And Other Stories of Unconventional Therapy
By Stanley Siegel and Ed Lowe
Perfectly sane people sometimes adopt odd strategies to cope with life’s vicisitudes, but the answer isn’t always extended therapy. In this lively, thought provoking book, I look at patients and the dilemmas they face. Challenging conventional therapeutic thinking, I offer an unorthodox approach – and in the process provide some revealing glimpses into the human psyche.
Instead of trying to “fix” clients. I encourage them to appreciate their own adaptive ingenuity. In the process, something remarkable almost always happens – as in the case of the couple who were able to build a stable relationship only after they acknowledged its value by literally building a wall within their home.
Sometimes my unorthodox techniques can lead to amazing quick and lasting results. Most therapist, for instance, would have prescribed years of therapy tor the apparently troubled couple who wanted children but confessed that after six years they still ad not consummated their marriage. In one dramatic session, I helped them recognize the value of their abstinence and then face the consequences of a more conventional marriage. I received a birth announcement from them the following year. And in the title story. “The Patient Who Cured His Therapist, I instigate a reversal of roles for a stubbornly uncommunicative client who then solves his therapist’s problem.
In this book I demonstrate my conviction that therapy is a two-way street where the therapist has as much to learn as the patient. By taking you behind closed doors, I show you that real healing is possible only when the healer truly respects his patients.
Review by New York Times Book Review
A CURIOUS CALLING Unconscious Motivations for Practicing Psychotherapy. By Michael B. Sussman. 304 pp. Northvale, N.J.: Jason Aronson. $40. SHRINK DREAMS Tales From the Hidden Side of Psychiatry. By Wayne A. Myers. 252 pp. New York: Simon & Schuster. $20. THE PATIENT WHO CURED HIS THERAPIST And Other Tales of Therapy. By Stanley Siegel and Ed Lowe Jr. 196 pp. New York: Dutton. $20.
LEAVE it to psychotherapists to make a fetish of their own feelings. In different ways “A Curious Calling,” by Michael B. Sussman, and “Shrink Dreams,” by Wayne A. Myers, argue that a therapist’s unresolved personal feelings are an important, if not primary, obstacle to effective treatment.
The authors also hold that once the therapist’s conflicts are resolved, his newly cured psyche becomes a potent instrument of cure. As Mr. Sussman points out, some therapists even believe that someone who has never been emotionally unbalanced is unqualified to practice psychotherapy. Reviewing 45 years of professional commentary, the author concludes, “Personal suffering is a prerequisite for the development of the empathy and compassion that characterize competent therapists.”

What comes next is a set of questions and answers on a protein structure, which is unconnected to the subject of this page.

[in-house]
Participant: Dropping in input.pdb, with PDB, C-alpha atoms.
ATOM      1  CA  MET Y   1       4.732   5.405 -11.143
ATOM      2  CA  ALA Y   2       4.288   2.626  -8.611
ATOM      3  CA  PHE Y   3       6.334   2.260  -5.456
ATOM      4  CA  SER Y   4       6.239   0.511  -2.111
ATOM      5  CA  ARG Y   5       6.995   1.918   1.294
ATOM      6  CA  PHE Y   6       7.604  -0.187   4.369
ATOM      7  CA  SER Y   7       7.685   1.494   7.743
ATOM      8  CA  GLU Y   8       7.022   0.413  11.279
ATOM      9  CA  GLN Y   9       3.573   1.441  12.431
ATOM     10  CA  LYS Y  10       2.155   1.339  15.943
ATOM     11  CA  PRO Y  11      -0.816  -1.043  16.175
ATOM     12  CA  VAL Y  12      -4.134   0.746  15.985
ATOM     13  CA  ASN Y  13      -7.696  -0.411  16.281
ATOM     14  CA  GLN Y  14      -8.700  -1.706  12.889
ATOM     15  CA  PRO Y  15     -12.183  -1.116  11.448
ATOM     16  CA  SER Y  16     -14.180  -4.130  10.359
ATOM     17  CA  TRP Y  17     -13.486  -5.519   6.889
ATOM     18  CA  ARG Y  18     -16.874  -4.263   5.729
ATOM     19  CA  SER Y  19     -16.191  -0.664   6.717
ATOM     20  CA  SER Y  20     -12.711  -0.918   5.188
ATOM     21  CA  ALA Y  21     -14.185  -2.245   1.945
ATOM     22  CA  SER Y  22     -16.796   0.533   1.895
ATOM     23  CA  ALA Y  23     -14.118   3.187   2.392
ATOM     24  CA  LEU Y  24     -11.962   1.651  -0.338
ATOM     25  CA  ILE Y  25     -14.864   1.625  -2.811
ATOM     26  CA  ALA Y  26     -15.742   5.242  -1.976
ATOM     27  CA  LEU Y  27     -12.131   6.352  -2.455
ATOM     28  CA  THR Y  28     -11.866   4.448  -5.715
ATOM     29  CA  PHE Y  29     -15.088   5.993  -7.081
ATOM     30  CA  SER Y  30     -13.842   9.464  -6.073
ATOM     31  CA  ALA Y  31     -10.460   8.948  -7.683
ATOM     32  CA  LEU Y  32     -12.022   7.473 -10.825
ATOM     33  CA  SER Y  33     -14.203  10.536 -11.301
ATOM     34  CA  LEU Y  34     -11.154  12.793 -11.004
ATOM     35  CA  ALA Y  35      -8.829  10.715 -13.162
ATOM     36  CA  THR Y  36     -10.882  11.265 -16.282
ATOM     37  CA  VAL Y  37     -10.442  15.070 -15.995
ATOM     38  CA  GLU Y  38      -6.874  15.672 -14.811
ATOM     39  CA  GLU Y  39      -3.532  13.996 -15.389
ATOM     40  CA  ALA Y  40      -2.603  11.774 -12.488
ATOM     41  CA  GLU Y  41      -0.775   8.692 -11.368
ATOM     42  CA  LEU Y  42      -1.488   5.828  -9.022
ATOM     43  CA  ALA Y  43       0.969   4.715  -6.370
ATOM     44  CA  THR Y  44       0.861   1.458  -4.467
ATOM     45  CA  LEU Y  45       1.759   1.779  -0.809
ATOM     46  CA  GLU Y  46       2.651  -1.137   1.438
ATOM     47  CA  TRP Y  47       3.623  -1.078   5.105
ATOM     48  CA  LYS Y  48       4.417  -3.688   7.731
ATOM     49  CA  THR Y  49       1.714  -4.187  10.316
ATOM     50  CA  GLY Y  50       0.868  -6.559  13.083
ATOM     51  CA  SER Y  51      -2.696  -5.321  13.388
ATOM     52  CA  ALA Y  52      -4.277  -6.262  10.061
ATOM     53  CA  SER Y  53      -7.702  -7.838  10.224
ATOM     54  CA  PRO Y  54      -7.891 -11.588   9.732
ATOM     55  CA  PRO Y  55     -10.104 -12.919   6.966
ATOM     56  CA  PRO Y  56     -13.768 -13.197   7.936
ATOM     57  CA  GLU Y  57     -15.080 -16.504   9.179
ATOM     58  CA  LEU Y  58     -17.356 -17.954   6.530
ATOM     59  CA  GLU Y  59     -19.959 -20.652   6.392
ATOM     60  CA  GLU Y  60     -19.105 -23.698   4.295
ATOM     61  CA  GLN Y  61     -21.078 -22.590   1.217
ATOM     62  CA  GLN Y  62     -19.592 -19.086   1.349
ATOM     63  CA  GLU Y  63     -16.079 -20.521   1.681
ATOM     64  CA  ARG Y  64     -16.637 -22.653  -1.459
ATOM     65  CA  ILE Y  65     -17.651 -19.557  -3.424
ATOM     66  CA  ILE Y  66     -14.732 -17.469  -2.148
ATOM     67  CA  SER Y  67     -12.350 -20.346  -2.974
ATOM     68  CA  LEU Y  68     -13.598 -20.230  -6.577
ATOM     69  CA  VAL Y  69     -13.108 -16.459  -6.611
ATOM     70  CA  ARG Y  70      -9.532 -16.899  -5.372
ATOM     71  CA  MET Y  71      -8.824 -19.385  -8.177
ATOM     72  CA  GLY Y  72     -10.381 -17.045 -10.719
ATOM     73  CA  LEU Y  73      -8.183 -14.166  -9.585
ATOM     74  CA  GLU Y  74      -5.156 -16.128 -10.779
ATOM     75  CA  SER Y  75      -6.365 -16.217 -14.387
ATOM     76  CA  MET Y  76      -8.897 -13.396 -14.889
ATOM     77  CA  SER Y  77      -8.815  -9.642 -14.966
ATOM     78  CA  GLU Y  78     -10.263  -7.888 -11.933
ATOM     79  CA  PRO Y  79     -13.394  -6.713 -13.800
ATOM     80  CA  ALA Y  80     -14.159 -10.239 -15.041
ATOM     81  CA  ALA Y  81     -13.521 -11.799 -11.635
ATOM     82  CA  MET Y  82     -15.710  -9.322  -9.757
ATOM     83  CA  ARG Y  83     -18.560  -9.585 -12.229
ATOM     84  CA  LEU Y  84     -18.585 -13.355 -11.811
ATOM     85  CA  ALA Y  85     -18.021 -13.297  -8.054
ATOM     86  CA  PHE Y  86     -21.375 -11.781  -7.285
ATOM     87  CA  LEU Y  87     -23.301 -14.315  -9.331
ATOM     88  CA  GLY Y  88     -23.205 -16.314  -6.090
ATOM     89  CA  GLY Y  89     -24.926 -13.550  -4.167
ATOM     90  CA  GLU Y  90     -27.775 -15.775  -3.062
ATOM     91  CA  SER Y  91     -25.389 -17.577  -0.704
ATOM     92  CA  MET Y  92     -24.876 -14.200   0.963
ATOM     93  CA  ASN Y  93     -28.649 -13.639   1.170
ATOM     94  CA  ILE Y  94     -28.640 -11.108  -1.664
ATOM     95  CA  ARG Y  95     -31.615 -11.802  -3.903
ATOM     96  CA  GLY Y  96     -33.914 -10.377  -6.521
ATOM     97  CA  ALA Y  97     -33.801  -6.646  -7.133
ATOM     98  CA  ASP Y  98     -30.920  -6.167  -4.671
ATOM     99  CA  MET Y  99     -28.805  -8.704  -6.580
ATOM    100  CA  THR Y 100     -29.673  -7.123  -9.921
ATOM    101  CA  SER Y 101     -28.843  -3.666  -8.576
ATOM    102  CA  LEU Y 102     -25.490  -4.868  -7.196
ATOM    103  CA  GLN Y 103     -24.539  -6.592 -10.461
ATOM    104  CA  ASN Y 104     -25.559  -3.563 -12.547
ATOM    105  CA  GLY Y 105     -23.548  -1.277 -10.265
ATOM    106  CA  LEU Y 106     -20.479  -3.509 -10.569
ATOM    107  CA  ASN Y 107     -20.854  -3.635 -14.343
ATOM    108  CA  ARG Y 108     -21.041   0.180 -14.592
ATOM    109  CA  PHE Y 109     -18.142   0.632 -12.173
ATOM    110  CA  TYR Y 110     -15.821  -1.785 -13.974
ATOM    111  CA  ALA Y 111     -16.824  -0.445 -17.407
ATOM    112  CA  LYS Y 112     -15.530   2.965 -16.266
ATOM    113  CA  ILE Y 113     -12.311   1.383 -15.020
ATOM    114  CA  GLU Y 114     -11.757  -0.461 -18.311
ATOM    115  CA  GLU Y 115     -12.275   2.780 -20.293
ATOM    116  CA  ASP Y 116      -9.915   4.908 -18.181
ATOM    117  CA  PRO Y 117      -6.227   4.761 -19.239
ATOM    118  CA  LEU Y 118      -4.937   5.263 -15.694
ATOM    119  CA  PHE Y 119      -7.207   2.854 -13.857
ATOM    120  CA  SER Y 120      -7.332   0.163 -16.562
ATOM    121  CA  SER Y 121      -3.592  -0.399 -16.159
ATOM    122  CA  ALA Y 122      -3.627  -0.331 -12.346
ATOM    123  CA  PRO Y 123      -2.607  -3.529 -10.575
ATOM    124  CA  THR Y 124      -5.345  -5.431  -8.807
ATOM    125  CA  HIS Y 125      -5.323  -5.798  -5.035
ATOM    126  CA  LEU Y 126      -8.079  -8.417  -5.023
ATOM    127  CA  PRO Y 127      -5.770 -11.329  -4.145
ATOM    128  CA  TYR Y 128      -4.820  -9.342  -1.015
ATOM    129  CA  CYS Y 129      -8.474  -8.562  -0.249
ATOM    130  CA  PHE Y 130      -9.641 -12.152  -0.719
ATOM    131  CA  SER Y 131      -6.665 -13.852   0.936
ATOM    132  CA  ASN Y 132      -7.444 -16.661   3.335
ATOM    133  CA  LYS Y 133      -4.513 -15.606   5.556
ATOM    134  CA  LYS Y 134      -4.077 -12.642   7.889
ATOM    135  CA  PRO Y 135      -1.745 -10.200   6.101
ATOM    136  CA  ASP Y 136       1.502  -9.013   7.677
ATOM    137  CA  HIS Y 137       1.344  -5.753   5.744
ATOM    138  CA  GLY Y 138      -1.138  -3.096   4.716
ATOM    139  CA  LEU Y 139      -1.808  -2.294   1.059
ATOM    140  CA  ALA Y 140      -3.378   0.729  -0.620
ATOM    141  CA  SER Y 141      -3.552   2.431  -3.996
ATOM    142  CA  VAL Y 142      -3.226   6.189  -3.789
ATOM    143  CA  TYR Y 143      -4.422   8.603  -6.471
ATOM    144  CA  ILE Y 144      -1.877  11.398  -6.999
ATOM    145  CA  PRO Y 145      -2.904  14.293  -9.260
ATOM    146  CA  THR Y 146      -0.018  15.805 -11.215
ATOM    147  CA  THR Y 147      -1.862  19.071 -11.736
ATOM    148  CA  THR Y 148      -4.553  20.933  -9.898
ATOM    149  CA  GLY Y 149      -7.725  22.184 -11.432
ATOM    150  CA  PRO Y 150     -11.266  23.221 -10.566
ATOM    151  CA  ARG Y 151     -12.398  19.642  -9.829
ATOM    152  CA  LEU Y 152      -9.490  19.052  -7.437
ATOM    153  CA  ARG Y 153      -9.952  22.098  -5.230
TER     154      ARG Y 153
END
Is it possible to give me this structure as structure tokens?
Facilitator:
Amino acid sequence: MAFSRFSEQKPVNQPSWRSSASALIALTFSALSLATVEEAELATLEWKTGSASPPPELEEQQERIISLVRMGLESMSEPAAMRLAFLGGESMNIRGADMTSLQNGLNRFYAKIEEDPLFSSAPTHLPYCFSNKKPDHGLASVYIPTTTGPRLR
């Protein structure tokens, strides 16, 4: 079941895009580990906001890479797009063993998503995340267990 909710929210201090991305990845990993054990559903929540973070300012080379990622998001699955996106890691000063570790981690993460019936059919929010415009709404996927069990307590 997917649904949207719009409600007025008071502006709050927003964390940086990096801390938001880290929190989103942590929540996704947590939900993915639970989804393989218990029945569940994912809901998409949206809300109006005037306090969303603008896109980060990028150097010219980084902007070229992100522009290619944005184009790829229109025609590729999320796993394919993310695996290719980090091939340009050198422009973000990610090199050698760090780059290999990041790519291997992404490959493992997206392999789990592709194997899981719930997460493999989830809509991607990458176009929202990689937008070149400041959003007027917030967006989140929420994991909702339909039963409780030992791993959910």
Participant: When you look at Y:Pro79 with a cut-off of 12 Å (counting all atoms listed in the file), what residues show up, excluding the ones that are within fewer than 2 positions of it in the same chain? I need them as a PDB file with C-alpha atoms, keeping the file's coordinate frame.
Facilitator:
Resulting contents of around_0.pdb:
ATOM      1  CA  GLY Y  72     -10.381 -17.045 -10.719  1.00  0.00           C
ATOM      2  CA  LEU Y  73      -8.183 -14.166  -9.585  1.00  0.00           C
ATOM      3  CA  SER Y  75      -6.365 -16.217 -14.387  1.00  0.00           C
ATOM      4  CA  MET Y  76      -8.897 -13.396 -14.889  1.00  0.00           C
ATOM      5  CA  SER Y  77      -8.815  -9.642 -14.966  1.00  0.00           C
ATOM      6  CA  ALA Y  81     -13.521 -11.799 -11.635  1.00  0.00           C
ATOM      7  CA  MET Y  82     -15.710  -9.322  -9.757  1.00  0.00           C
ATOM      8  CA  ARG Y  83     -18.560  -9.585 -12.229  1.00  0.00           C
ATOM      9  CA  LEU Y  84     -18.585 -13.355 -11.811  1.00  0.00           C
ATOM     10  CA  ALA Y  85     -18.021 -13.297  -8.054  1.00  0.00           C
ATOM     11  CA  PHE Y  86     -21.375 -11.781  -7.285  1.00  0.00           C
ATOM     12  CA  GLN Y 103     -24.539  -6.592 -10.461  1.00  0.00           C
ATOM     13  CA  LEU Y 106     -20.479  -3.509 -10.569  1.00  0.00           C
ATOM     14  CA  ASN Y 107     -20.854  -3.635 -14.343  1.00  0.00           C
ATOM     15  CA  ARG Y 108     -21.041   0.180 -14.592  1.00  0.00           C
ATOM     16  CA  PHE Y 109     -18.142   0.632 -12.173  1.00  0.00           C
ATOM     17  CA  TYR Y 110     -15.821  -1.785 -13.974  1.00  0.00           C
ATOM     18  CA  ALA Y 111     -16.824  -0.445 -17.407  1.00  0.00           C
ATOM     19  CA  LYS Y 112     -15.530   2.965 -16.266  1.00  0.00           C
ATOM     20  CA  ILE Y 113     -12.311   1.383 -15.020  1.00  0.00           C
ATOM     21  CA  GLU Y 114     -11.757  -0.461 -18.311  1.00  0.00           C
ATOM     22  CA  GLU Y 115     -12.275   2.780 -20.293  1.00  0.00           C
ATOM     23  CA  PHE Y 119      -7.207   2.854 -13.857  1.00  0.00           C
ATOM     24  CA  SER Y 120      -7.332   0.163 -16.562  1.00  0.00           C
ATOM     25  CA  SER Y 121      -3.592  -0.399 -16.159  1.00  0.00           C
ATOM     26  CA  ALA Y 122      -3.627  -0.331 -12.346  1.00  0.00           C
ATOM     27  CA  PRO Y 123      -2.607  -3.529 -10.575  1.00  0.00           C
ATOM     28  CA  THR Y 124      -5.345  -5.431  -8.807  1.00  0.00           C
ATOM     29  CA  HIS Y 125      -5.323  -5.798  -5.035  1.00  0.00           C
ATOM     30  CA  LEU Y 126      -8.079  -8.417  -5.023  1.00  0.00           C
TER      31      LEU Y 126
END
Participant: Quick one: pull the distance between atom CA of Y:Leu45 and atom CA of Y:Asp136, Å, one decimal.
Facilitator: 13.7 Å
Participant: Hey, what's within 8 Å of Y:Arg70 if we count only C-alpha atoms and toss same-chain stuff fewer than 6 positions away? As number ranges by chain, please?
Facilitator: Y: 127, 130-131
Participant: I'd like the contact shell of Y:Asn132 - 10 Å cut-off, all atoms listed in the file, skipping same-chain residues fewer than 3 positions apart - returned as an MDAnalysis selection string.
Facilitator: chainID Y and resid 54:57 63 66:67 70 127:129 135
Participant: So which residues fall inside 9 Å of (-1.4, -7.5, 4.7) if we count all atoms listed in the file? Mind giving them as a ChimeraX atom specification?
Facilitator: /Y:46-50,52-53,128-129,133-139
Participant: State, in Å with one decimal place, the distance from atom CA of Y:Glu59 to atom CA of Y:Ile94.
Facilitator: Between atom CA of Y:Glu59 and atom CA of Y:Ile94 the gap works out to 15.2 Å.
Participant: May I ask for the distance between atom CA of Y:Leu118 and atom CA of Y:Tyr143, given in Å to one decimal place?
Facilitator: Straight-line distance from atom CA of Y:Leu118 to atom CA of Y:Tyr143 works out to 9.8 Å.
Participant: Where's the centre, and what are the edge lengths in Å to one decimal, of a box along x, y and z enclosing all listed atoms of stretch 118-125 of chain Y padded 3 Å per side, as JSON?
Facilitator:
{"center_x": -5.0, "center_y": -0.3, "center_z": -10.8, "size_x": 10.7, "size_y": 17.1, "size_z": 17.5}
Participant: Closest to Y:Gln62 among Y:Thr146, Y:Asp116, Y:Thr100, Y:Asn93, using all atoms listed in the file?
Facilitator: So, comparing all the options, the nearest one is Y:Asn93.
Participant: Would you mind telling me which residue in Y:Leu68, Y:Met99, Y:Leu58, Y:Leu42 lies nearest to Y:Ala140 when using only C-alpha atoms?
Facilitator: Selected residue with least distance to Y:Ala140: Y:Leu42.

“The Patient Who Cured His Therapist,” by Stanley Siegel and Ed Lowe Jr., a columnist at Newsday, offers in its title story an important corrective to these viewpoints. The authors’ approach — based on Mr. Siegel’s experiences as a family therapist — dispenses with hand wringing and soul searching. It also, refreshingly, dispenses with blaming and criticizing the patient.
Instead of trying to convince the patient that he is prey to thwarted infantile impulses, relationship failings or an impaired self-concept, Mr. Siegel empowers him by telling him that his “problem” really isn’t one; it represents a constructive decision made to solve a difficult conflict, to make the best of a bad situation.
All three books concern the reasons therapists fail their patients. Both Mr. Sussman, a psychologist at the Stony Brook Counseling Center, and Dr. Myers, who teaches clinical psychiatry at the Cornell University Medical Center, present the psychoanalytically oriented view: the ultimate fault is that the therapist has been insufficiently analyzed, and therefore his problems intrude upon his psychoanalytic work with the patient. Regrettably, they neglect other reasons for therapeutic failure, which may range from rank inexperience to avoidable error to faulty technique to the limits of science.
Mr. Siegel is less self-involved. For him, therapy fails because the profession has been too infatuated with finding that patients are at fault. He asserts that therapists ought to learn to respect their patients’ motives, and their own; thus he believes that symptoms are not necessarily signs of degeneracy. There is a difference between an honest mistake and a sign of pathology.
It appears that the profession’s new motto is going to be: “We know that you’re not O.K.; does it make you feel any better to know that I’m not O.K. either?”